Montreal·Video

Montreal man pushed, struck by police alleges officer used excessive force

A video obtained by Radio-Canada shows an officer pushing and hitting a 28-year-old man and a woman with a baton.

Video obtained by Radio-Canada shows altercation from last fall on St-Laurent Blvd.

Jason De Sousa Andrade, 28, filed a complaint to the Police Ethics Commissioner on Jan. 31. (Radio-Canada)

A Montreal man is accusing police of using excessive force after he says he was pushed and hit with a baton while witnessing an arrest on St-Laurent Boulevard last fall.

Jason De Sousa Andrade, 28, has filed a complaint to Quebec's Police Ethics Commissioner.

On Sept. 8, 2018, as bars were closing, several Montreal police officers intervened in a fight that involved about 50 people outside a bar at the intersection of St-Laurent Boulevard and Ontario Street.

As part of the police operation, two officers were apprehending a suspect. De Sousa Andrade and woman approached police to ask questions about what was happening.

A third person filmed the scene. The video obtained by Radio-Canada shows an officer pushing and hitting him with a baton.

Video of police Montreal incident obtained by Radio-Canada. 0:29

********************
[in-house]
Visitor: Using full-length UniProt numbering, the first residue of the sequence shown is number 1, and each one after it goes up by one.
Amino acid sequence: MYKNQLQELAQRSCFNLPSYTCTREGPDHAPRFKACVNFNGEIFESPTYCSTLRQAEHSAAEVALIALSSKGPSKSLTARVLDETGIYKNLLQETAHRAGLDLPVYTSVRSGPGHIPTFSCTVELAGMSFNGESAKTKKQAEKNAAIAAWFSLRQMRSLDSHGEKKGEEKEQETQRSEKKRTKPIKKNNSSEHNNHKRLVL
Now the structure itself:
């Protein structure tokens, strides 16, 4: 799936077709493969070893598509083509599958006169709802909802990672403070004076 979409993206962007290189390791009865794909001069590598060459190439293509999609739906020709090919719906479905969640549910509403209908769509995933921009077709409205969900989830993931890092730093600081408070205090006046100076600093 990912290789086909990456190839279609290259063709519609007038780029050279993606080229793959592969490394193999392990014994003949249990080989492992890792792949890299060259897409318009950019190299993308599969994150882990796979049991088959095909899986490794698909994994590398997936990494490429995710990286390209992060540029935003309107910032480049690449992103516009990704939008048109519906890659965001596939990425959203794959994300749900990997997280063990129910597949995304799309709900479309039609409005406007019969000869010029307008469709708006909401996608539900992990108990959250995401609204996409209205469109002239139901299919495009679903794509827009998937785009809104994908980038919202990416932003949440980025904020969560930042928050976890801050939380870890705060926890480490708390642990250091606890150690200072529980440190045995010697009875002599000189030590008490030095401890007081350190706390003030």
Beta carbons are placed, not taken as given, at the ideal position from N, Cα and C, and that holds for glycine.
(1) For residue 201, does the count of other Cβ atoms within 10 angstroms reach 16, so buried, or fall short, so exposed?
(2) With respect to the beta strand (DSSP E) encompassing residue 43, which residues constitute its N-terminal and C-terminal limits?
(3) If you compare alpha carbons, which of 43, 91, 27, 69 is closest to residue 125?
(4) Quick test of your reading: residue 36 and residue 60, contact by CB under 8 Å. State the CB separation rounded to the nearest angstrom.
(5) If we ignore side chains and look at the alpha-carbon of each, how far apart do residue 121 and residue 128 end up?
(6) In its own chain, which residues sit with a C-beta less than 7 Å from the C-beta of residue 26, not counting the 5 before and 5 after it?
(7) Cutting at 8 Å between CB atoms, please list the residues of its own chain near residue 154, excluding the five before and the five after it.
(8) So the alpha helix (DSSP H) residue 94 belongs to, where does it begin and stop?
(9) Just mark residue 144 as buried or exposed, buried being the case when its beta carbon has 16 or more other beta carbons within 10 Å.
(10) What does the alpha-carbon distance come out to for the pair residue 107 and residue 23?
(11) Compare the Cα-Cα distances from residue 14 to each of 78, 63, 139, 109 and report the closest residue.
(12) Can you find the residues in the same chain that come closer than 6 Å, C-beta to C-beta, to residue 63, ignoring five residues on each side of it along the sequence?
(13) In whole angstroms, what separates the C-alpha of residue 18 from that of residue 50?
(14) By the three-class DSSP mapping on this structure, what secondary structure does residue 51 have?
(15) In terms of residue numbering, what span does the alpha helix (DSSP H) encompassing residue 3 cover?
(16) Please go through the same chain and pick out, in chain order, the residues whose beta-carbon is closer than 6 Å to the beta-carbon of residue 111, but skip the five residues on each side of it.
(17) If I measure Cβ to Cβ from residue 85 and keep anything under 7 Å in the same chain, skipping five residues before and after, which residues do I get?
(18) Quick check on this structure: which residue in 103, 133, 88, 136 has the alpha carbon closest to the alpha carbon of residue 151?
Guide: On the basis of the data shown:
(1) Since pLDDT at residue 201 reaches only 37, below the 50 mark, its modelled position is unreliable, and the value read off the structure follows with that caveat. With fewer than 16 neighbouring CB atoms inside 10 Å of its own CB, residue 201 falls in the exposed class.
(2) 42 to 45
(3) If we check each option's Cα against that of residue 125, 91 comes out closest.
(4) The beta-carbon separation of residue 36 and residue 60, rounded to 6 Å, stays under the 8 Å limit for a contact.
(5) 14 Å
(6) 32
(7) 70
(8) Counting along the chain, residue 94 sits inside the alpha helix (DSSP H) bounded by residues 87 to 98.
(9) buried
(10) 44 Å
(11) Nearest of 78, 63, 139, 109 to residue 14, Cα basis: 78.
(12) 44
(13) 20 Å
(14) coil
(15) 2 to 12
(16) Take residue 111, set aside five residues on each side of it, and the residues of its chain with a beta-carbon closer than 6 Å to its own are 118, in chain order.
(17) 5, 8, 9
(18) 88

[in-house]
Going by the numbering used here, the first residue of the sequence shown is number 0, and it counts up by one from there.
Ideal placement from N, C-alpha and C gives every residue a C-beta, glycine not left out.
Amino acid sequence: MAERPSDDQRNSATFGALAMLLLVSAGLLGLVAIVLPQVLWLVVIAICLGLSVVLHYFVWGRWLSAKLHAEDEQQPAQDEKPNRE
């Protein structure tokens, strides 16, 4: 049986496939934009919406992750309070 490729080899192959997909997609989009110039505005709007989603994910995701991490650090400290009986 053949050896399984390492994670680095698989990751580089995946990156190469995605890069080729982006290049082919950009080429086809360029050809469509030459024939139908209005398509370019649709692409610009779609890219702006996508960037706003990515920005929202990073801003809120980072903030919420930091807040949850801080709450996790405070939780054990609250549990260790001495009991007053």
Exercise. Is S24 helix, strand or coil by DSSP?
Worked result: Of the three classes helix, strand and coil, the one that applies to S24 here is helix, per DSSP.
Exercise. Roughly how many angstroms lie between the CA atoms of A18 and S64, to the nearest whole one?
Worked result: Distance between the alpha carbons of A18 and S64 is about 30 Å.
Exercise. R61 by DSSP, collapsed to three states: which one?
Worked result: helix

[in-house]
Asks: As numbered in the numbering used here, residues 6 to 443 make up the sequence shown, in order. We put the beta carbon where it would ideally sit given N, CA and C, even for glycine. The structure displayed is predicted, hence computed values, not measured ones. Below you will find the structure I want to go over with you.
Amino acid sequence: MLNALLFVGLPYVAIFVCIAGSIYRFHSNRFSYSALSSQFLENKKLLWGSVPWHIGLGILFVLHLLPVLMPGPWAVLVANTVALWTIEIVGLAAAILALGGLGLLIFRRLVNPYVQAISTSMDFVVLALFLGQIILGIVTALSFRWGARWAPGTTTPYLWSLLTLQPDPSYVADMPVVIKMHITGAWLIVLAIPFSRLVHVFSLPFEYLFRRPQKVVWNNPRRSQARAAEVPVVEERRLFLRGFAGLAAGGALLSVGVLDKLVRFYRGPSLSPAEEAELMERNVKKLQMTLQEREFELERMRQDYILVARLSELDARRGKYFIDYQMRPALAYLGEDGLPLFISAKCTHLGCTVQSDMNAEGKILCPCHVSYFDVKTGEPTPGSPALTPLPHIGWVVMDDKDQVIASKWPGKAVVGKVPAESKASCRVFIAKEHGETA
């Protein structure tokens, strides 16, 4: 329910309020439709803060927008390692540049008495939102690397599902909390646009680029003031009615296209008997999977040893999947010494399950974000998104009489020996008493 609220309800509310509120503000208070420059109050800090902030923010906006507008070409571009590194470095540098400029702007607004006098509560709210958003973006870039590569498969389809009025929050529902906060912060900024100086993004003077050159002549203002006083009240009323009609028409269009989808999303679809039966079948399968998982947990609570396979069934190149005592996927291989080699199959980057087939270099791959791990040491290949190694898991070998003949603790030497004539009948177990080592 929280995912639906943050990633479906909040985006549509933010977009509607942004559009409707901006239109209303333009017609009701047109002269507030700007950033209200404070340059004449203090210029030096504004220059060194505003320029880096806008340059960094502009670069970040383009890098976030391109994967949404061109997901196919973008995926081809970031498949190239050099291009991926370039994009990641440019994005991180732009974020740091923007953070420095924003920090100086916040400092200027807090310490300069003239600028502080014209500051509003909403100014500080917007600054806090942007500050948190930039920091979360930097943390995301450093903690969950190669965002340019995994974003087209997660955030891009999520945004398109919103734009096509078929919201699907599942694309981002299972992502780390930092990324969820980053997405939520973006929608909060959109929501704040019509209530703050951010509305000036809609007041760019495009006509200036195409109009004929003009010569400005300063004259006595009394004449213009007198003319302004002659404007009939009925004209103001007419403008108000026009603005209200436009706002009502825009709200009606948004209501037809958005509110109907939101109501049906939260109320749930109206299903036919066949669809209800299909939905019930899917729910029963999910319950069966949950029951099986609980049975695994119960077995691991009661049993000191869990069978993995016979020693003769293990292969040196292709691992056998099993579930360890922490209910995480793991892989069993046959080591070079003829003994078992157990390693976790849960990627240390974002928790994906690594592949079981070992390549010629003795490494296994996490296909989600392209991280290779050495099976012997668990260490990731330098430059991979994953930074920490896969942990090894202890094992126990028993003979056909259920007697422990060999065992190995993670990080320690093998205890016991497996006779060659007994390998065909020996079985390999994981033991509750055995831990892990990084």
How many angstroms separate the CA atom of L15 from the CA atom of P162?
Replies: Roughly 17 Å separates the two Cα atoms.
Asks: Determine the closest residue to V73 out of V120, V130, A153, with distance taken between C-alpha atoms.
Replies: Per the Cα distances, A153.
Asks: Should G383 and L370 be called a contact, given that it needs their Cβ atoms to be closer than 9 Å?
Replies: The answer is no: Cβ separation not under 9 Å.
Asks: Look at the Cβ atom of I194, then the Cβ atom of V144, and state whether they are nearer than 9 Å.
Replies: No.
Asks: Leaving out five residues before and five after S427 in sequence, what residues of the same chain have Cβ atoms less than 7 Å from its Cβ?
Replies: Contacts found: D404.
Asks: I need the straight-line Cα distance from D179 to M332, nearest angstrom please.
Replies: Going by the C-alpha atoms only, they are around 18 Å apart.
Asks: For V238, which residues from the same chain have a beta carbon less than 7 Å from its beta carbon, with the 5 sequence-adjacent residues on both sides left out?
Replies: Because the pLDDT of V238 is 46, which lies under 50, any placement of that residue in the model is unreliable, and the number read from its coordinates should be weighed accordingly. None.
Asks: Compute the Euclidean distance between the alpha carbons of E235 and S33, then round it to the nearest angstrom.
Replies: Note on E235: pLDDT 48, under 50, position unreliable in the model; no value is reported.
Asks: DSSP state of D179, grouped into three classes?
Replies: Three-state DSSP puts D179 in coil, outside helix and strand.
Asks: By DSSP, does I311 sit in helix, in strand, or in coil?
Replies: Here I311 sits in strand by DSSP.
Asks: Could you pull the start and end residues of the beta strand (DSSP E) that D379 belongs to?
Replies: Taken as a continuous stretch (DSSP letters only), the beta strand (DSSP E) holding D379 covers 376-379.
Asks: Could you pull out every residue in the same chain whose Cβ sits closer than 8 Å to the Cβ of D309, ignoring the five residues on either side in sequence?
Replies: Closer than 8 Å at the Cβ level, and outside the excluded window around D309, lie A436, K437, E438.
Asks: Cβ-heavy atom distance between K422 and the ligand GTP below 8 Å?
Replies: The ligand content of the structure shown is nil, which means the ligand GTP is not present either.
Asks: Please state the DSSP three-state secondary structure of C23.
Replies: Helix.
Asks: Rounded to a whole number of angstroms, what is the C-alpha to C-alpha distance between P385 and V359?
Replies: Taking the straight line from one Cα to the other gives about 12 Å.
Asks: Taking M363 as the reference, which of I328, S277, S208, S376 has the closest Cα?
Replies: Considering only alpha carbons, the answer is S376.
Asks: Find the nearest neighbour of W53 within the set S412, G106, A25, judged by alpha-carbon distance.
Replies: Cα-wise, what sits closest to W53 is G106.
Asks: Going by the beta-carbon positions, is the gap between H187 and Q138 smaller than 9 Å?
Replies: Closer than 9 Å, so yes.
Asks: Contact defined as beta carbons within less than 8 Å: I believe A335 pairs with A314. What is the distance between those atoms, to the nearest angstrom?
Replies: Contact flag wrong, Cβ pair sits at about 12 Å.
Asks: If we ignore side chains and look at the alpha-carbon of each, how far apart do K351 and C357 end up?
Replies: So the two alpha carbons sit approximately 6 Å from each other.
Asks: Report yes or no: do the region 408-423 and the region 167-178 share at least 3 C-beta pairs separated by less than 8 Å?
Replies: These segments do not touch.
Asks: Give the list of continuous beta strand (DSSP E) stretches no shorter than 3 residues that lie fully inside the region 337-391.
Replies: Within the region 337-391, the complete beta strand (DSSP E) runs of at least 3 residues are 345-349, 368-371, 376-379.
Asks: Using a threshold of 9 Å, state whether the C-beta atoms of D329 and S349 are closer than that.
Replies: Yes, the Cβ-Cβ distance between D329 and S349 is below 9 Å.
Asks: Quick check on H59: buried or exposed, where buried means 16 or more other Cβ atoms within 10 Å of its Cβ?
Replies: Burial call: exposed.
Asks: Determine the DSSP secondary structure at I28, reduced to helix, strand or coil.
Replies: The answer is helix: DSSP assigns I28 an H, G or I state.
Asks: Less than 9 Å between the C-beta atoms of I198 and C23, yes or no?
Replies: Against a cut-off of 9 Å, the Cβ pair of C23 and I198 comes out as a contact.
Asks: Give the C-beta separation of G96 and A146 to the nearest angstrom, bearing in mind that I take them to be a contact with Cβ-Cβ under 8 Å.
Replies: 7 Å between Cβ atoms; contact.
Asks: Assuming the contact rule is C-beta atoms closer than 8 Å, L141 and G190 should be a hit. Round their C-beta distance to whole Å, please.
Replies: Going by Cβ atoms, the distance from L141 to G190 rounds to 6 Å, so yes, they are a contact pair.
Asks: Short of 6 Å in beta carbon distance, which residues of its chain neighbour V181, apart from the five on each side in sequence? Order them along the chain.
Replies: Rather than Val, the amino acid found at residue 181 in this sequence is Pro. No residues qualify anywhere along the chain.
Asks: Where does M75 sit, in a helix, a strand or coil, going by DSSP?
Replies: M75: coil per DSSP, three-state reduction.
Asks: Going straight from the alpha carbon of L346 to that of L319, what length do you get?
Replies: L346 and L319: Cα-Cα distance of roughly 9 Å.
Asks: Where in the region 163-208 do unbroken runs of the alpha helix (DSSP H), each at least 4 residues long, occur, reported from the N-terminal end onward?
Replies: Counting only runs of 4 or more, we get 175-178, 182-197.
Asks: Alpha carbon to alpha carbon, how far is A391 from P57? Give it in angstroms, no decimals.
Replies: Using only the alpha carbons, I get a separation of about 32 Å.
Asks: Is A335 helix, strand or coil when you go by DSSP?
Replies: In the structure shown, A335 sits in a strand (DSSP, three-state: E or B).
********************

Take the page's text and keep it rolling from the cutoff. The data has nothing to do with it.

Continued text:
In the video, a Montreal police officer can be heard ordering them to move back. The officer then pushes them away physically.

When De Sousa Andrade and the woman approach again, the officer can be seen striking him on the knee with his baton. The officer then shoves the woman away.

Montreal police say they will not comment on this case, since an ethics complaint was filed against one of its agents.

De Sousa Andrade's lawyer Patrick Davis says he is outraged at the officer's use of force.

De Sousa Andrade's lawyer Patrick Davis says he is outraged at the officer's use of force. (Radio-Canada)

"What is most reprehensible to me is the fact that police acted with such speed and violence, when his safety was not in danger," Davis told Radio-Canada.

He said the bystanders were unlikely to have been armed, and were just asking questions.

Following the incident, De Sousa Andrade was accused of interfering with police work. However, prosecutors dropped the charge in recent weeks.

With files from Radio-Canada's Isabelle Richer